Finnish Appeals Court Hears Case on Parliament Member’s Biblical Beliefs

Finnish Appeals Court Hears Case on Parliament Member’s Biblical Beliefs

The Helsinki Court of Appeal has concluded a two-day hearing in the case of Päivi Räsänen, a longstanding member of Parliament who has been charged with “agitation against a minority group” because of a tweet, a church pamphlet and comments on a radio program that embraced the Biblical view of marriage and sexuality.

In 2019, Räsänen—a medical doctor and mother of five—posted a tweet in which she asked the leadership of her church why they would sponsor the Helsinki Pride parade, and she attached a photo with verses from Romans 1. Years earlier in 2004, she had written a pamphlet on marriage and sexuality titled “Male and Female He Created Them.” And during a radio program, she also upheld the Biblical view of marriage and sexuality.

As a result, police began a lengthy investigation that included interrogating Räsänen for a total of 13 hours about her religious views. Finland’s prosecutor general charged Räsänen, along with Bishop Juhana Pohjola, who published the 2004 pamphlet, with three crimes under the section of the Finnish Criminal Code titled “War Crimes and Crimes Against Humanity.”

Last March, a district court unanimously acquitted Räsänen and Pohjola, but the prosecutor appealed the verdict.

At the appeals court Aug. 31, the prosecutor stated that “the authors of the Bible are not indicted” but said those who interpret the Bible literally are. “You can cite the Bible, but it is Räsänen’s interpretation and opinion about the Bible verses that are criminal,” the prosecutor said.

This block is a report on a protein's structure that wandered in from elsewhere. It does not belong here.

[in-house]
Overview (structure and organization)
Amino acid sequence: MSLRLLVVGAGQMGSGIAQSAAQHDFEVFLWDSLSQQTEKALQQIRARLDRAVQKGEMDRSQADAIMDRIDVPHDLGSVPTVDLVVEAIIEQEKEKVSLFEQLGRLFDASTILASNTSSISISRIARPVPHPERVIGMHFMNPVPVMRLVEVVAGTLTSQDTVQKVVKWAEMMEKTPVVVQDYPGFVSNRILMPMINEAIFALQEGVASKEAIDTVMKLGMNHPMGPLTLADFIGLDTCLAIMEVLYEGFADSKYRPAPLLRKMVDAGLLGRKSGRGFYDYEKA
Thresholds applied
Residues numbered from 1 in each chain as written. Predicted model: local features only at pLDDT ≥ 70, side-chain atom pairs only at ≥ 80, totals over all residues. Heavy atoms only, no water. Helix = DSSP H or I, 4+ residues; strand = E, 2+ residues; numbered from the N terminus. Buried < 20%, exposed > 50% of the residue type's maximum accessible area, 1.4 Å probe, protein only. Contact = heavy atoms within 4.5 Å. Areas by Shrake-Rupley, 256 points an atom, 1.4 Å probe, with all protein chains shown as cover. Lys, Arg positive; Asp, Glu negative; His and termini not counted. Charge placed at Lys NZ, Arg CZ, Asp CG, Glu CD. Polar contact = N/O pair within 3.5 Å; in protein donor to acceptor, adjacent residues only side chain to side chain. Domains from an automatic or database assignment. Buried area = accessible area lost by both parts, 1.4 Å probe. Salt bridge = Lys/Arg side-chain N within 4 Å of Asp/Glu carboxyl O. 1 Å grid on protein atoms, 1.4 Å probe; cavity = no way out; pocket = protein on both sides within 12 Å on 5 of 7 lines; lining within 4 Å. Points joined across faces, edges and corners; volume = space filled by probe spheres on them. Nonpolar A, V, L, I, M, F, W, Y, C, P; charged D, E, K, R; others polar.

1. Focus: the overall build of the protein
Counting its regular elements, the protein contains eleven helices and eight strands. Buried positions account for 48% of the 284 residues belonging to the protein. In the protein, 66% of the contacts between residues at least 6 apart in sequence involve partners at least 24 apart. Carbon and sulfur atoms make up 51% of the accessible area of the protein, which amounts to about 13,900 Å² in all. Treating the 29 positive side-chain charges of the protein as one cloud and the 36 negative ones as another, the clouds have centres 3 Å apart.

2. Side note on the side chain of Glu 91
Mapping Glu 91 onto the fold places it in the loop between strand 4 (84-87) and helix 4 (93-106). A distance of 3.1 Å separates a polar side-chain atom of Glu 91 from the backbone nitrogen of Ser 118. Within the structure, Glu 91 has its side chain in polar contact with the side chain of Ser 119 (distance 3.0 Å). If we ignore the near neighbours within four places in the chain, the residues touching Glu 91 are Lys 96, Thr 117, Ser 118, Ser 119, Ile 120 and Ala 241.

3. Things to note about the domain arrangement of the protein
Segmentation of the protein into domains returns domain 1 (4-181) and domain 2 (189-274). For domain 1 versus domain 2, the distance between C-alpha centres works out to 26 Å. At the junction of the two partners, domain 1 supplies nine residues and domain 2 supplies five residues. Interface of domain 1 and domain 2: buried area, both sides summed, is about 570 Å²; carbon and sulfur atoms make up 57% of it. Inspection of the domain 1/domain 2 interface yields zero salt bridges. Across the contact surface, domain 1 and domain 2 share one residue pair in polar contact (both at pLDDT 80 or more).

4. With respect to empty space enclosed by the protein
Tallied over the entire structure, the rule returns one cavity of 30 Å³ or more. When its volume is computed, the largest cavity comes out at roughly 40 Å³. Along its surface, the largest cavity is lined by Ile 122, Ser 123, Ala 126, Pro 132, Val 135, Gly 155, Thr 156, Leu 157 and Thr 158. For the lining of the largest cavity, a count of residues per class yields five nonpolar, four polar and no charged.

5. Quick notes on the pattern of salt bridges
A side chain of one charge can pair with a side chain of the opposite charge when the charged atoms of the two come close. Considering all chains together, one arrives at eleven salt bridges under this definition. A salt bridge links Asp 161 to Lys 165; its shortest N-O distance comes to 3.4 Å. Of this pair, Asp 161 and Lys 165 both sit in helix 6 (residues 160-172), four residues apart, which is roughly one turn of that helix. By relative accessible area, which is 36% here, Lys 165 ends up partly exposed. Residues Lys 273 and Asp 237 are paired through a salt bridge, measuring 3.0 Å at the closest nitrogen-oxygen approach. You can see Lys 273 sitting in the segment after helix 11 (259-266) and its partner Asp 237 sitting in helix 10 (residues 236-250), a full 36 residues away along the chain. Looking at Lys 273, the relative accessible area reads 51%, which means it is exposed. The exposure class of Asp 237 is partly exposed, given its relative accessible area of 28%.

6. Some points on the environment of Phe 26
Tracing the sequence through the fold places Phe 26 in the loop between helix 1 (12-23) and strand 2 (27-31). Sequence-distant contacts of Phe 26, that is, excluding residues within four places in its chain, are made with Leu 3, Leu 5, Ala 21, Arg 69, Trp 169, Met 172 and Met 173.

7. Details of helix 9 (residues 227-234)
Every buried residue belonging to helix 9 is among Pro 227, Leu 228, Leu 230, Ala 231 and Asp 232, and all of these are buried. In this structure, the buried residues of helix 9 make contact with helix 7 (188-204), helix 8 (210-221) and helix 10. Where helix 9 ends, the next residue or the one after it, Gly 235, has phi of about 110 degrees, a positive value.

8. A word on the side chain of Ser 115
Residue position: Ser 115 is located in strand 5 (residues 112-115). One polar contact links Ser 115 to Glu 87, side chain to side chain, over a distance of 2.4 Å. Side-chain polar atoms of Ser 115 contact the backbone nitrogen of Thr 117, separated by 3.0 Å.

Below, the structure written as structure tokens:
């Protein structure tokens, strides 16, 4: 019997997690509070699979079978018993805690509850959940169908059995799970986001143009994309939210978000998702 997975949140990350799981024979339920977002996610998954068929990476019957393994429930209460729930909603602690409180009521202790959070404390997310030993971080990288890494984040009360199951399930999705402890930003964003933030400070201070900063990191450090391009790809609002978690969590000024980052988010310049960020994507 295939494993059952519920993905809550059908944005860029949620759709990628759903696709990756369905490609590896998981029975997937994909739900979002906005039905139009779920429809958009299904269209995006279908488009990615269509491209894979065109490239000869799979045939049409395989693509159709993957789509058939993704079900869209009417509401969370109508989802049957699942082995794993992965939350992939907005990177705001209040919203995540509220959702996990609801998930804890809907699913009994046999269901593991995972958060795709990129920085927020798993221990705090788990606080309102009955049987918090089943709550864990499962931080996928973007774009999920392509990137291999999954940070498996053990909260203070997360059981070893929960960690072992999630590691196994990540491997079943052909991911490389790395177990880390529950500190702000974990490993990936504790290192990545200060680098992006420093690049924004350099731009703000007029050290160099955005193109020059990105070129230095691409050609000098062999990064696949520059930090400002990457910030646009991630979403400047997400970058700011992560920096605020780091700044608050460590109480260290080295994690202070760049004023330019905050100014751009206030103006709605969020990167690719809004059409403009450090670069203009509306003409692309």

Paul Coleman, executive director of ADF International, which is backing Räsänen’s legal defense, said: “The gist of the State prosecutor’s examination of Päivi was this: Would she recant her beliefs? The answer was no—she will not deny the teachings of her faith. Dragging an individual through a grueling criminal trial simply for expressing their religious beliefs is not a marker of democracy and ‘progress.’”

In a press conference after the trial, Räsänen said: “It has been a long two days at the court of appeals. When I was voted into Parliament in 1995, I expected that I would face many challenges. But I never would imagine that I would face a criminal trial for posting a Bible verse and sharing my Christian convictions online.”

She added, “We will soon know if the expression of my Christian beliefs is considered a criminal act in modern-day Finland.”

The court is expected to deliver a verdict by Nov. 30.

Photo: Courtesy of ADF International

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